The brilliant river of stars has dominated the night sky and human imaginations since time immemorial. Light pollution from cities and towns, factories and major roads has now made it impossible for most Britons to see the Milky Way.
But it is quickly becoming a faded memory as the haze of lights projecting into the night skies blot it out.
Only remote parts of Scotland, Sweden, Norway, parts of Spain and Austria have clear skies in western Europe.
And four fifths of Americans cannot see the natural wonder, a new global atlas of light pollution found.
The work by Italian and American scientists said light pollution was one of the most pervasive forms of environmental alteration with developed countries affected the most.
Not only does it affect our ability to gaze up to the heavens in wonder it can have devastating impacts on wildlife too.
Unnatural light can confuse or expose wildlife like insects, birds and sea turtles, with often fatal consequences.
But we can do something about it, by either shielding the night sky ensuring only the minimum light needed is used or just switch lights off.
Lead author Fabio Falchi from the Light Pollution Science and Technology Institute in Italy said: “I hope that this atlas will finally open the eyes of people to light pollution.
“The new atlas provides a critical documentation of the state of the night environment as we stand on the cusp of a worldwide transition to LED technology.
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“Unless careful consideration is given to LED colour and lighting levels, this transition could unfortunately lead to a 2-3 fold increase in skyglow on clear nights.”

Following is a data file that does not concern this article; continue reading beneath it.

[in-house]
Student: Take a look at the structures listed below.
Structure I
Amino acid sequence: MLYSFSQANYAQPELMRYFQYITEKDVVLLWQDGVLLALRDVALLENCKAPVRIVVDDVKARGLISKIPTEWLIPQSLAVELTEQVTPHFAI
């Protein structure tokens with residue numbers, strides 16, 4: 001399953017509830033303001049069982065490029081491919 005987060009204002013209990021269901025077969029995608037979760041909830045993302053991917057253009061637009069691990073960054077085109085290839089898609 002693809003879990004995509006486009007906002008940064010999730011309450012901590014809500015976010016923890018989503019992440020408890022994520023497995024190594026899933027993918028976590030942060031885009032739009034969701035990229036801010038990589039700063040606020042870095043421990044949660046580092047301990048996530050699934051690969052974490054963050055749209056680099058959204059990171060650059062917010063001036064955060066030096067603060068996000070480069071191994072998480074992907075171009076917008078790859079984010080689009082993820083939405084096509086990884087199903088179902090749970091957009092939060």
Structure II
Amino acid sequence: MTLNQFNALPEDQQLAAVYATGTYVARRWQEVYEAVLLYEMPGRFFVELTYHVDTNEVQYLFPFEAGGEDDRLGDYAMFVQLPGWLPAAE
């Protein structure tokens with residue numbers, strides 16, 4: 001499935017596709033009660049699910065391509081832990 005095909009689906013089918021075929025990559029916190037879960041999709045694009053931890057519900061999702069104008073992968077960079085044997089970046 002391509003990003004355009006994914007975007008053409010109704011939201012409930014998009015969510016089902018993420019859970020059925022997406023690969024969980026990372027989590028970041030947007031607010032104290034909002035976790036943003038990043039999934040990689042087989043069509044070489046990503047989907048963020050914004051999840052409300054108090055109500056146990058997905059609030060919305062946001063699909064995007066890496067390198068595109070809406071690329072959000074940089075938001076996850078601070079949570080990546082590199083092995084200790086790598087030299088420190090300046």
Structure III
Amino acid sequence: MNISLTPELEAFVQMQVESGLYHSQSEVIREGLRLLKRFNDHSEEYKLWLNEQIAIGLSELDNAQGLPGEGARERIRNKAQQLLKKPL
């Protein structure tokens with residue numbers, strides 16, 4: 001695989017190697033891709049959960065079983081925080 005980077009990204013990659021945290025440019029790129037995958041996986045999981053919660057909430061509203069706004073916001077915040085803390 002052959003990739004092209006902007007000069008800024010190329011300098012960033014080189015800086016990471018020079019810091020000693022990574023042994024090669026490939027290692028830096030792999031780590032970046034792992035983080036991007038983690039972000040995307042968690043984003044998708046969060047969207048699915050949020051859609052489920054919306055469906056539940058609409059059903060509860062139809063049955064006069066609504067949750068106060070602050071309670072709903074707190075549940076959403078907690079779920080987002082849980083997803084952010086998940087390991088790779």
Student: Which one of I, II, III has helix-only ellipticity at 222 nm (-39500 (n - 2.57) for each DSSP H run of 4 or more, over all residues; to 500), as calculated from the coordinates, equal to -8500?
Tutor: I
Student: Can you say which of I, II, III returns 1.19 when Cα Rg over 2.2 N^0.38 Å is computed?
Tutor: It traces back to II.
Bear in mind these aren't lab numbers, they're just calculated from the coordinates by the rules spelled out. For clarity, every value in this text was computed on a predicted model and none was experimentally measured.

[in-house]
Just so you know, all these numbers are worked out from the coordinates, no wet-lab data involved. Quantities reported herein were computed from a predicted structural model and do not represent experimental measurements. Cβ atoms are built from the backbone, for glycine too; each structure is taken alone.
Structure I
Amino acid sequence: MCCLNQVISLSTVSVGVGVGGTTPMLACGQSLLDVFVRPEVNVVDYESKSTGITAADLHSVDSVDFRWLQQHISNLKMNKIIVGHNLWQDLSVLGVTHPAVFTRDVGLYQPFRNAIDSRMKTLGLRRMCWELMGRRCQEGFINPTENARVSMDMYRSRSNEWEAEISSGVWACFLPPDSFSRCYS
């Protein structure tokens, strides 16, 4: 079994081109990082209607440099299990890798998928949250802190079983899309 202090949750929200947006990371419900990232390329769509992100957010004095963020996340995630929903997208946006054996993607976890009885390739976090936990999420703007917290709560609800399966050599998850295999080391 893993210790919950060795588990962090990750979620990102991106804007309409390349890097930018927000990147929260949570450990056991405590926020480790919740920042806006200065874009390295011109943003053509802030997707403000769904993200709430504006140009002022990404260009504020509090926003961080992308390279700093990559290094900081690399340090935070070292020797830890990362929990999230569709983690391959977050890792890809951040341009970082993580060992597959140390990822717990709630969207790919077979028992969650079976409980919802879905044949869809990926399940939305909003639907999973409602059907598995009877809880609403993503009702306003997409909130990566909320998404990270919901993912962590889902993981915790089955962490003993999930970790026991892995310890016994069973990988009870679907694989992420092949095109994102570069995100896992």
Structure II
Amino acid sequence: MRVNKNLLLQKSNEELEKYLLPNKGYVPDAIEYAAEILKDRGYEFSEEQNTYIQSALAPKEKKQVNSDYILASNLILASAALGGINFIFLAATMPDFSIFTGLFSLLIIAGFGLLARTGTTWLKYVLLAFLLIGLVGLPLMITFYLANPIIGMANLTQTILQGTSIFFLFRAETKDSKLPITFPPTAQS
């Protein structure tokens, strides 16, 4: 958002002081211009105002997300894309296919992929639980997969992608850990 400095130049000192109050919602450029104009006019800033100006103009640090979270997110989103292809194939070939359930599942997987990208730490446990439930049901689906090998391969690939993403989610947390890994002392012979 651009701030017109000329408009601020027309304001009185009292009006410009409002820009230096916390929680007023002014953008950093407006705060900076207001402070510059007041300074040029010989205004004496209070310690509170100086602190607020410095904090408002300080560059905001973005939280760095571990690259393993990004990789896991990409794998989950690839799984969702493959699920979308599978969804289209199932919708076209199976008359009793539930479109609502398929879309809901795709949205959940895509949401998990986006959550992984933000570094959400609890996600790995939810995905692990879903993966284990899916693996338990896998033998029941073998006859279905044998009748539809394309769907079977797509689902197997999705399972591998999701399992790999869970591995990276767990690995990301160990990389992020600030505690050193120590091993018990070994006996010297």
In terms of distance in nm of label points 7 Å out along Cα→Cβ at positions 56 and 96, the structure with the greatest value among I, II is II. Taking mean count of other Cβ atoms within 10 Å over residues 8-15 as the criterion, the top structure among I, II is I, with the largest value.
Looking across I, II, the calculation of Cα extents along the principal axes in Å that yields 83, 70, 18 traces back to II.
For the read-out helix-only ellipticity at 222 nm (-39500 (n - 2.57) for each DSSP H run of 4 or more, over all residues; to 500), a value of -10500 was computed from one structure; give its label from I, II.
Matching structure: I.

The atlas takes advantage of low-light imaging now available from the NOAA/NASA Suomi National Polar-orbiting Partnership satellite, calibrated by thousands of ground observations.
Light pollution is most extensive in countries like Singapore, Italy and South Korea, while Canada and Australia retain the most dark sky.
Despite the vast open spaces of the American west, almost half of the US experiences light-polluted nights.
In addition to a world map, tables showed the area of each country and what fraction of its population live under highly light polluted skies.
Of the G20 countries, Italy and South Korea are the most polluted, and Canada and Australia the least.
Residents of India and Germany are most likely to be able to see the Milky Way from their home, while those in Saudi Arabia and South Korea are least likely.
Co-author Dan Duriscoe of the US National Park Service said: “In the US, some of our national parks are just about the last refuge of darkness – places like Yellowstone and the desert southwest.
“We’re lucky to have a lot of public land that provides a buffer from large cities.”
But Chris Elvidge, a scientist with NOAA’s National Centers for Environmental Information in Boulder, Colorado, added: “We’ve got whole generations of people in the United States who have never seen the Milky Way.
“It’s a big part of our connection to the cosmos – and it’s been lost.”
The study was published in the journal Science Advances.
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